I learnt, there is no support for trait in C# and new release of PHP 5.4 supports it. Is there any other proven way in C# to accomplish this? –  Muneer Feb 5 '13 at 7:33
    
How about implementing the trait in C#? –  Muneer Feb 7 '13 at 8:24
    
Check the remix project. Trait and Mixin are really just different names for the same thing. –  Frank Feb 7 '13 at 9:46
add comment

I would question the need to require a single "Member" class (and one only) to represent each person uniquely. Is it likely (or even possible) for a Member to be acting as a Volunteer and Sponsor and it matters that they are the same object instance in the code? In the example you are using, it is perfectly legitimate to have an instance of a Volunteer and a separate instance of a Sponsor, even if they are the same person in real life.

Also, you say the different roles have different method names/functionality. Thus, in order for the Liskov-Substitution principle to apply, the using code would only call methods on the "Member" interface. So either the Member class would have to have some generic method name like "DoYourBehavior" and the derived class knows to call "Play/Donate" OR inheritance doesn't really apply; other than for getting reuse of common code.

Thus, I would treat each role as a separately instantiated class instance and any common functionality can be shared either through inheritance, composition or neither. The key being that there is no reason that the design has to explicitly switch a single class instance between different roles.

share|improve this answer
add comment

I would definitely not use a decorator pattern, because I can hardly see how it corresponds to the domain model.

But what is the domain? It sounds like it is a list of members in a sports club or similar. Why do you track which types of members? Is it purely for keeping the information in a member database, or do you actually use that information in some kind of calculation?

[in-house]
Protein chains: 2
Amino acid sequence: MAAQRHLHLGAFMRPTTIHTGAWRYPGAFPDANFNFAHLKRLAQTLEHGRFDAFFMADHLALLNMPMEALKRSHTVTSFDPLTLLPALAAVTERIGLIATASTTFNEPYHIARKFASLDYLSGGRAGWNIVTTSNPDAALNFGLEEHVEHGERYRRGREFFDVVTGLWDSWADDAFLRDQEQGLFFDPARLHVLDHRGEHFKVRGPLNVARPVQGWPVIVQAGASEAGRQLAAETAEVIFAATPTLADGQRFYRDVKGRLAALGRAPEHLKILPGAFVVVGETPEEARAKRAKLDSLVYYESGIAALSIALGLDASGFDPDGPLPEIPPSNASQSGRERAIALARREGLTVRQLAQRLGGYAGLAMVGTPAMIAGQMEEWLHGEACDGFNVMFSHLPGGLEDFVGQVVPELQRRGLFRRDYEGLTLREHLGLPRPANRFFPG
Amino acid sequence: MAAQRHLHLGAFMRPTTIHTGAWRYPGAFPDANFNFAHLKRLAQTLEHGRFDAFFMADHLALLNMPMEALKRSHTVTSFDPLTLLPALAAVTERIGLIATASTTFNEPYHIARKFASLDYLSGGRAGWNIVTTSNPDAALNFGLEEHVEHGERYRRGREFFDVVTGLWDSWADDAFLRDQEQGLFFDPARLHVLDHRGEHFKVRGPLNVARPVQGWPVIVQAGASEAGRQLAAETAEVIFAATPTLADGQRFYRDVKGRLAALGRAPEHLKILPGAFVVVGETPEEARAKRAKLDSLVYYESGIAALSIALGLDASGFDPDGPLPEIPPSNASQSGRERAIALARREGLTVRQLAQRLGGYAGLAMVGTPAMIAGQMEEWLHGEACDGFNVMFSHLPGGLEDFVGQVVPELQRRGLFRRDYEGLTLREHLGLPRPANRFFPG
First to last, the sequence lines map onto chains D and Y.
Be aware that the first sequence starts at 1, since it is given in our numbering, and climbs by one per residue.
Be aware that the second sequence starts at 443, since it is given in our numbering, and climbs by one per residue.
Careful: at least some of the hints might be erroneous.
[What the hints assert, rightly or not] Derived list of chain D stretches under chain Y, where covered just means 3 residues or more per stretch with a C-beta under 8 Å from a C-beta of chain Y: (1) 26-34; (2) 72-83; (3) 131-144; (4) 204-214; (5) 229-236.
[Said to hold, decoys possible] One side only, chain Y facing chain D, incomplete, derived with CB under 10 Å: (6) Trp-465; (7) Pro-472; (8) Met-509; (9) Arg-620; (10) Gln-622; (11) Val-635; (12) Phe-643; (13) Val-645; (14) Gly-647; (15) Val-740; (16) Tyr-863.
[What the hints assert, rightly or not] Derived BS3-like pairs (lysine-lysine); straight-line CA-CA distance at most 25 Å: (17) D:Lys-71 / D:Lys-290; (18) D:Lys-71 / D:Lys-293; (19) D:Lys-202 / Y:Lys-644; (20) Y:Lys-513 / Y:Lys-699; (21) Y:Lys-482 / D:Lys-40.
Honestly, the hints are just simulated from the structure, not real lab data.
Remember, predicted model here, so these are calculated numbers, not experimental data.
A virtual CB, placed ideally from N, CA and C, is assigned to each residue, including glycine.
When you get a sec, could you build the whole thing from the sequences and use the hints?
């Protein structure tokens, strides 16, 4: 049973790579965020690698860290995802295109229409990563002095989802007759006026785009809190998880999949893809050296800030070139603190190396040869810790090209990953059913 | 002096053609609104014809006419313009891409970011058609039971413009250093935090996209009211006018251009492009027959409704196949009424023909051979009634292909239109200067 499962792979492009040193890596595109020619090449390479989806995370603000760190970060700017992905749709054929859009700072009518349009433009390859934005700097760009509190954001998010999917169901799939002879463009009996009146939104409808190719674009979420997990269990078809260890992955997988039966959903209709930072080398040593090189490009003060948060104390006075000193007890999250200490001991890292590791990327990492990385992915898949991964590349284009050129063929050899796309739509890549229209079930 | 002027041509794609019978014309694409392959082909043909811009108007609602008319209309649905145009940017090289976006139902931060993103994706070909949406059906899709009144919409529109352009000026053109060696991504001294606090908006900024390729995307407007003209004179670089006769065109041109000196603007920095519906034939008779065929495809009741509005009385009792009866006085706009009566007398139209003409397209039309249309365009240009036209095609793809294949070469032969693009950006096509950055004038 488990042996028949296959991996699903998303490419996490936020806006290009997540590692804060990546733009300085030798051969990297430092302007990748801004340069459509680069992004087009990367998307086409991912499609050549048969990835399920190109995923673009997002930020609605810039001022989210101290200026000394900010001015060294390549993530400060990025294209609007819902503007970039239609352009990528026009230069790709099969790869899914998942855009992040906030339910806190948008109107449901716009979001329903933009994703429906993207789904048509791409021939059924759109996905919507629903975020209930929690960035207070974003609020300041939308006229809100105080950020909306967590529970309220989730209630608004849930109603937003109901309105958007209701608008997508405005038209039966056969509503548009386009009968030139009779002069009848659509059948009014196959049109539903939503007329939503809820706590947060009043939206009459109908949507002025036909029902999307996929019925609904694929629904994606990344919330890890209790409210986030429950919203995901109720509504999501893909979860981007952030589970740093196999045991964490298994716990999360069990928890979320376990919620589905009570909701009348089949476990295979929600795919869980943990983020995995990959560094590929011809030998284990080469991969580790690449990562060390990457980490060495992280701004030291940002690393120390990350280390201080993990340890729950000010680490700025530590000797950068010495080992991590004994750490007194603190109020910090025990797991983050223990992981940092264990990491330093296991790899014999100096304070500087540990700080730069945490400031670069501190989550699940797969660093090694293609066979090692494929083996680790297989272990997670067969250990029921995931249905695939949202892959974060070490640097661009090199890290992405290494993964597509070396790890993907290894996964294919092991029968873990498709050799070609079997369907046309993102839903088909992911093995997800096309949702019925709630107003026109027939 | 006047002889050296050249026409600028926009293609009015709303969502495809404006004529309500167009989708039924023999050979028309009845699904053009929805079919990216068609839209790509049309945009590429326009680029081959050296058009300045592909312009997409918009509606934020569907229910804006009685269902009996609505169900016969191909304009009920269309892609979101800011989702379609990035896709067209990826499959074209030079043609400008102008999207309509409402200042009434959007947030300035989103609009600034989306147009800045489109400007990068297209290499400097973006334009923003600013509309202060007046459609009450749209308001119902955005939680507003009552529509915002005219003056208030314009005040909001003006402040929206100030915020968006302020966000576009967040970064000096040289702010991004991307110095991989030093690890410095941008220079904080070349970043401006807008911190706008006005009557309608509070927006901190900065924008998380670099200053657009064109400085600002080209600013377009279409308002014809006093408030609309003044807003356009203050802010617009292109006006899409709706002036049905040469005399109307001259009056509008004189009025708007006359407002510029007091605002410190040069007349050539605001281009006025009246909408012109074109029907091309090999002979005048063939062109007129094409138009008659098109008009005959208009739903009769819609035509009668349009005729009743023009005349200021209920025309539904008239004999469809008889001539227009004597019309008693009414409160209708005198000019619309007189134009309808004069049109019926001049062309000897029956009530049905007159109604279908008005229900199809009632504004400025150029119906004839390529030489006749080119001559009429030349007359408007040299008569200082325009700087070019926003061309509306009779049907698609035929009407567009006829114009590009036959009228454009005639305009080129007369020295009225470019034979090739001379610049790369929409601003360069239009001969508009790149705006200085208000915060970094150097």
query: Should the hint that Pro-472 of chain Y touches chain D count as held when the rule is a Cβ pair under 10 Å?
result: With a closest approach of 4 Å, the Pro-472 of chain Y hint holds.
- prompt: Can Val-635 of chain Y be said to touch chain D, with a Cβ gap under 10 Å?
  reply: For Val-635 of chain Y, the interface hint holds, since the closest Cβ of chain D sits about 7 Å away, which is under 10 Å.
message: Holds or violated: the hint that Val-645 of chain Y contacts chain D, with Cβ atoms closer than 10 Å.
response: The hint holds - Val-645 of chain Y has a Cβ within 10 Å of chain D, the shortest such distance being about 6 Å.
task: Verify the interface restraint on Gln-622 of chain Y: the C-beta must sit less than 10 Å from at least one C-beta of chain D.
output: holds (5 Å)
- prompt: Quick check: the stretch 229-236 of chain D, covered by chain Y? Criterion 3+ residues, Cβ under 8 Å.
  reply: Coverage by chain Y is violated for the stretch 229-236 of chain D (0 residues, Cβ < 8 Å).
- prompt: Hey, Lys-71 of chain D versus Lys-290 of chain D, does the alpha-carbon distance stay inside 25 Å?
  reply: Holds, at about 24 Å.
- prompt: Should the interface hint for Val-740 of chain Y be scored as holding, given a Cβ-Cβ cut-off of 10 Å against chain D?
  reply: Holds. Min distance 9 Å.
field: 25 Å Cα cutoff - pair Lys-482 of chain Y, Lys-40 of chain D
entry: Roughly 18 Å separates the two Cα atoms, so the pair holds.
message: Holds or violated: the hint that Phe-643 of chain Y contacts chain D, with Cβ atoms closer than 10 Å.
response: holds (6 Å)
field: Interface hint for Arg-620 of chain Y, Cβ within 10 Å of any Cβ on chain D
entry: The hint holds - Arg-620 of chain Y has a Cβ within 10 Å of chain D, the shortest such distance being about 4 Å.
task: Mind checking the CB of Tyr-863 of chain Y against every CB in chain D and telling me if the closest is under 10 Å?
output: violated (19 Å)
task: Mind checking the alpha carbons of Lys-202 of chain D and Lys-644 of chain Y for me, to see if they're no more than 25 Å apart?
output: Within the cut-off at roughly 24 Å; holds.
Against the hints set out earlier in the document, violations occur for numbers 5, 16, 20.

If you are not actually using the information, then you don't need some kind of polymorphic approach. You should simple create Boolean properties on the Member class, IsSupporter, IsVolunteer, etc.

However, if you actually use this for something, you might need a polymorphic approach. I think that the fact that a member can be of several types indicate that there is a hidden domain concept, such as a Role.

A Member should then have multiple roles. A Member method, whose implementation would depend on the role, should probably be implemented by making a similar call to all the roles in the member.

But more information on the domain could lead to a better answer.

share|improve this answer
    
Yes @Pete, as you say I can use IsSupporter(), IsVolunteer() and so on. As is in my implementation, each member should be loaded using a common property 'MemberID' through a factory method. The returned object should have the valid class that represent the all types (class) that the member belongs to. If you see, 'Sponsor' must have a special function called "Donate()", then 'Volunteer' should have special function called "SubscribeTo()" and so on. How would I address these problem? –  Muneer Feb 6 '13 at 6:31
    
@Muneer - I suggest you add the information about Donate() and SubscribeTo() to the original question. It would make it easier for others to come with a useful suggestion. –  Pete Feb 6 '13 at 9:44
    
You are right. I will do it now. –  Muneer Feb 6 '13 at 9:53
add comment

Even with unique methods in each role, you can use Composition. You could use Member that has multiple Roles and use Visitor pattern to access their unique methods.

share|improve this answer
    
how can I check whether a member belongs to a particular type? –  Muneer Feb 5 '13 at 11:11
    
You don't check the type, you send him Visitor (object with method for each type) and it will call the right method. See en.wikipedia.org/wiki/Visitor_pattern –  user470365 Feb 6 '13 at 8:21
    
I am not much familiar with Visitor Patter. Let me have a look that how it can help me. –  Muneer Feb 6 '13 at 9:54
add comment

Your Answer

 
discard

By posting your answer, you agree to the privacy policy and terms of service.

Not the answer you're looking for? Browse other questions tagged or ask your own question.